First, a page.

Diagnosis-related allegations are the third most frequent inpatient hospital claim type (Figure 1). Although medicine and surgical specialties typically are noted as the responsible service, nursing staff are identified as either primarily or secondarily responsible in 22 percent of these claims.

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Data Insight: The Role of Documentation in Inpatient Surgical Treatment Malpractice Claims

Accurate, clear, and timely documentation of the clinical progression of patients is critically important in both acute and ambulatory care. Yet, documentation continues to represent an area of risk.

An analysis of 10 years of MedPro closed claims history shows that documentation issues consistently are in the top five risk factors associated with inpatient claims that have clinically severe outcomes (i.e., permanent disability or death).

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Tips for Amending Electronic Health Records

Altering documentation in patient records can have serious consequences, including allegations of fraud and professional misconduct — and it also can make malpractice claims difficult to defend. Yet, mistakes happen and situations undoubtedly will occur that require healthcare providers to make corrections, addendums, or late entries in patient records.

Because the majority of healthcare organizations have transitioned to electronic health records (EHRs) in the last decade, policies and procedures for amending records should reflect that change. In principle, many of the same standards for amending paper records apply to EHRs, such as not obscuring the original documentation, making timely corrections, and signing all entries. What differs in EHRs is the interface (including how the information is displayed and recorded), as well as the ability of the system to track user actions through metadata and audit trails.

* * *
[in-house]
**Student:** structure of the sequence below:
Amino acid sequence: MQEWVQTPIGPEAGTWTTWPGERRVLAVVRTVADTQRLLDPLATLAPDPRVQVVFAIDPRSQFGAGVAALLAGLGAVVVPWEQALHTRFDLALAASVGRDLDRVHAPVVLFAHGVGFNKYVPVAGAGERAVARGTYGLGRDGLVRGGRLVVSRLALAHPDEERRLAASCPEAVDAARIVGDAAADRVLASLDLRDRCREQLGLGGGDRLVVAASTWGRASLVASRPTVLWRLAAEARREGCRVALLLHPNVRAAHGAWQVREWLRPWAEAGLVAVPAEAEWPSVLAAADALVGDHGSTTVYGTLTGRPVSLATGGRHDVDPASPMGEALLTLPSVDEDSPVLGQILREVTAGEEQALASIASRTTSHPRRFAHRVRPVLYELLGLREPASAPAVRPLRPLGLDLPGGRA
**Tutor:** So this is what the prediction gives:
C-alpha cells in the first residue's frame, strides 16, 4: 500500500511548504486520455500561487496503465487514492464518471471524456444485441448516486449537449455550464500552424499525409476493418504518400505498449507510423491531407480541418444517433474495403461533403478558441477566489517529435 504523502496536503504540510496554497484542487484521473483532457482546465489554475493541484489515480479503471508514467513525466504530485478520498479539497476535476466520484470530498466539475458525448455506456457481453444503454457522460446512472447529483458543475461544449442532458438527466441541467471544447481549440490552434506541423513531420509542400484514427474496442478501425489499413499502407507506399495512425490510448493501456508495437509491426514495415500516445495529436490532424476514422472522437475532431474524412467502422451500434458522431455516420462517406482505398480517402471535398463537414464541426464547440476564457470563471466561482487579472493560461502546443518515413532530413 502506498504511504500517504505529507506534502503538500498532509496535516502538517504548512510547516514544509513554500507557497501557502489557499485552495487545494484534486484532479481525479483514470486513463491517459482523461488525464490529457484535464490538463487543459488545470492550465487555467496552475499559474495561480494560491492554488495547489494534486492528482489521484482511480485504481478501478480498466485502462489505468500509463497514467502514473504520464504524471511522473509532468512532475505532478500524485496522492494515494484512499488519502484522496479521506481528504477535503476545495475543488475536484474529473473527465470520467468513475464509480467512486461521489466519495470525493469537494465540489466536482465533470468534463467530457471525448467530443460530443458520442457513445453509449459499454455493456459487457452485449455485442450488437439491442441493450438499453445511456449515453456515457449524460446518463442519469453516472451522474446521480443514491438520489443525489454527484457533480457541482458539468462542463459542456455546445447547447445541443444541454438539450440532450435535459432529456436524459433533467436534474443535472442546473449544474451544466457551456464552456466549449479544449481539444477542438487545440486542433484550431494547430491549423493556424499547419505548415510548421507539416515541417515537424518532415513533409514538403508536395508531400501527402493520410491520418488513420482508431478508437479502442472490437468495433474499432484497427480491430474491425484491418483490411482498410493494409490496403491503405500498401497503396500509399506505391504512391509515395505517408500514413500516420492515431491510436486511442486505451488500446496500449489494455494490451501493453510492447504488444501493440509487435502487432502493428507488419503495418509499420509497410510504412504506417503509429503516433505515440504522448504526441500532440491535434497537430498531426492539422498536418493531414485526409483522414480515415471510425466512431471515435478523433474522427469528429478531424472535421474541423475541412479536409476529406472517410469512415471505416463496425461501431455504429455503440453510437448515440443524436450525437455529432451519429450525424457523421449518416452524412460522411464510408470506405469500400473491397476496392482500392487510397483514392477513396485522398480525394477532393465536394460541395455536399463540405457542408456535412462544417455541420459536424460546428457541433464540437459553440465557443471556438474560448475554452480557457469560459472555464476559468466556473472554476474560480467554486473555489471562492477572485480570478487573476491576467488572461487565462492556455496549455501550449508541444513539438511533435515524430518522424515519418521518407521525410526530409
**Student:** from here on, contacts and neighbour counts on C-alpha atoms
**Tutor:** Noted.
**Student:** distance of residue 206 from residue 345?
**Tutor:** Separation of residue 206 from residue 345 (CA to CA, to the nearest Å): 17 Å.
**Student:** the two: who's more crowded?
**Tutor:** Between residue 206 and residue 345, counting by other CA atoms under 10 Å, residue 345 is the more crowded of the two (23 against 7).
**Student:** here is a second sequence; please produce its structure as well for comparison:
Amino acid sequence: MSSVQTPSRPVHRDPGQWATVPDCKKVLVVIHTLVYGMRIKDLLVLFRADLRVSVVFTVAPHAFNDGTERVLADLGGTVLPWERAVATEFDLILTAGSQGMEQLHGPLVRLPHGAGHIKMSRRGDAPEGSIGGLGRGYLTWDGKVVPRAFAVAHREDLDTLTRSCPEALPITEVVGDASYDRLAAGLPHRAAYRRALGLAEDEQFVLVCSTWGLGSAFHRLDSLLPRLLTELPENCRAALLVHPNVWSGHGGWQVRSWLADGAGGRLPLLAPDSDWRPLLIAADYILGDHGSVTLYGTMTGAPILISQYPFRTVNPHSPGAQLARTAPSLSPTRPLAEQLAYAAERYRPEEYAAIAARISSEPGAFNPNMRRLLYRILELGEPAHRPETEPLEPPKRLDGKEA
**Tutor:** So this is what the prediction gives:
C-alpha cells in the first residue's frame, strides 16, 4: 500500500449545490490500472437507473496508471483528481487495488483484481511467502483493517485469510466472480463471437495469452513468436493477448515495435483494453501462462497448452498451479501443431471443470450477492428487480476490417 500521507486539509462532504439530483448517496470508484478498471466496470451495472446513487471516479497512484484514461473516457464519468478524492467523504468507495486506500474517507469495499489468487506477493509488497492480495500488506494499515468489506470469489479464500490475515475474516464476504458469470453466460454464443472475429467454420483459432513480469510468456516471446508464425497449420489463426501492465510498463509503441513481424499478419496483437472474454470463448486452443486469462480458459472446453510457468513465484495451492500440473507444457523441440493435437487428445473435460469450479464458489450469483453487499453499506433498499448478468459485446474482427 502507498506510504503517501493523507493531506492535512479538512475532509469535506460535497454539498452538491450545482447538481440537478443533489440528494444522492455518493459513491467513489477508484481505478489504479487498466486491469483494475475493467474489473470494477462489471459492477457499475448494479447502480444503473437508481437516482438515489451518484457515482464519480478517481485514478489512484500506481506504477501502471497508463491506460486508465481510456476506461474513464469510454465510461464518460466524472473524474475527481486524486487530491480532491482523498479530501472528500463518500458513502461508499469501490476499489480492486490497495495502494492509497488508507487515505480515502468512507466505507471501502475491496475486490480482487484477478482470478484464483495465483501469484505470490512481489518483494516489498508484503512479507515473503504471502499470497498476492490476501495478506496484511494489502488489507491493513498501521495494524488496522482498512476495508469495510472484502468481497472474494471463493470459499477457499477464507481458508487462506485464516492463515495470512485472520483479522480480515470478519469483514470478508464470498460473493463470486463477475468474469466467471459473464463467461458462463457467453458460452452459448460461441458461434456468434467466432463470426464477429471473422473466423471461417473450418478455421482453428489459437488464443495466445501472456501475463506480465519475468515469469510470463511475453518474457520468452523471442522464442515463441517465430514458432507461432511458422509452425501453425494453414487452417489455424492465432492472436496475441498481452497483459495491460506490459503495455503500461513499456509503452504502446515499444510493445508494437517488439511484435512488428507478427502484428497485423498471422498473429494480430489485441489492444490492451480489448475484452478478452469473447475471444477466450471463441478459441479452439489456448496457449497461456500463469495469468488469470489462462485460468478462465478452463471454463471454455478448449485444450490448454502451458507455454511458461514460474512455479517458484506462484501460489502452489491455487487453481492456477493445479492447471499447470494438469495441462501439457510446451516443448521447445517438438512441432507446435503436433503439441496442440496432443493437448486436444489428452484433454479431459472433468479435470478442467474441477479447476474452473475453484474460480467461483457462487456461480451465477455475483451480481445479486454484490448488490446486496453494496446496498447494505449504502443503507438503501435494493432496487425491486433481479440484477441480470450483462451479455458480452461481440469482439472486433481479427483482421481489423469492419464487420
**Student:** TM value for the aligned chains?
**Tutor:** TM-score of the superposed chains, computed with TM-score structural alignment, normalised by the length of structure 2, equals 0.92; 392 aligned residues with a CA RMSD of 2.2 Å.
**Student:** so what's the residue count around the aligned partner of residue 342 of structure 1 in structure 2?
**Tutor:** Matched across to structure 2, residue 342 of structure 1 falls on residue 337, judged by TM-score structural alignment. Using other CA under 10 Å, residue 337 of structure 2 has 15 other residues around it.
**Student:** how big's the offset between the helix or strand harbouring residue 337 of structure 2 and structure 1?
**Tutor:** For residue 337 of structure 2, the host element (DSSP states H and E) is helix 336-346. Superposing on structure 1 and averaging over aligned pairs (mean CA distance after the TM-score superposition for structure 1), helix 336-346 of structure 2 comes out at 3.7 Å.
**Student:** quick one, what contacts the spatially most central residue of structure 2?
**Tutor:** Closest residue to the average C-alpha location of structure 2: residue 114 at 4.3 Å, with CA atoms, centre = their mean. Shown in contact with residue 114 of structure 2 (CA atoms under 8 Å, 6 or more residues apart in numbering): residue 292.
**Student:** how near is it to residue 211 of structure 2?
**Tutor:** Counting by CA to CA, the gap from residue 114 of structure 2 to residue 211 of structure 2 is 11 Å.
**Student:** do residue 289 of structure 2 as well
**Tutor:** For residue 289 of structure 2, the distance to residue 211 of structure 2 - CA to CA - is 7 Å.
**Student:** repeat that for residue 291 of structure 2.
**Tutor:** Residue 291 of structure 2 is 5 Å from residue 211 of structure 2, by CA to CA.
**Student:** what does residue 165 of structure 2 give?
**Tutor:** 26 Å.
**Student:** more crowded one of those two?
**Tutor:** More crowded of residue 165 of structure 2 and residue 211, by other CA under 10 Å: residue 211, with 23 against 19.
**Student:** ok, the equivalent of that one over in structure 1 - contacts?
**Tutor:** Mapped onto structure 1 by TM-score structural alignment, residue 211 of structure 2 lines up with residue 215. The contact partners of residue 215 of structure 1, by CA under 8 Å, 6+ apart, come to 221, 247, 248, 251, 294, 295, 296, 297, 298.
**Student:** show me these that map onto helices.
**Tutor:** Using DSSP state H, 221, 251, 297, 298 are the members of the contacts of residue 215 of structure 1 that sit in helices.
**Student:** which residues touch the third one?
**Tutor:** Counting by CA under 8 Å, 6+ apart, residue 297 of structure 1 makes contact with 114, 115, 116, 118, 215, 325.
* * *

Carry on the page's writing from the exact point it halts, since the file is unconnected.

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The Role of Documentation in Diagnosis-Related Malpractice Allegations

Allegations associated with diagnostic errors — i.e., wrong diagnoses, delayed diagnoses, and missed diagnoses — are a top cause of malpractice lawsuits. A number of risk factors can lead to diagnostic errors, including issues related to documentation of clinical care.

MedPro Group's closed claims data from 2007 to 2016 show that documentation issues occur in almost 1 in 5 diagnosis-related claims. These issues generally fall into three categories: (1) insufficient/lack of documentation, (2) content, and (3) mechanics.

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Strategies for Reducing Polypharmacy in Senior Care

Polypharmacy is a serious concern among adults, and especially among seniors. Although polypharmacy is preventable, it is a significant contributor to morbidity and mortality.1 Polypharmacy is generally defined as taking multiple medications or more medications than are medically necessary (including over-the-counter drugs and supplements). A 2016 study showed that 36 percent of community-dwelling older adults (ages 62-85 years) were taking five or more prescription medications in 2010 to 2011 — up from 31 percent in 2005 to 2006.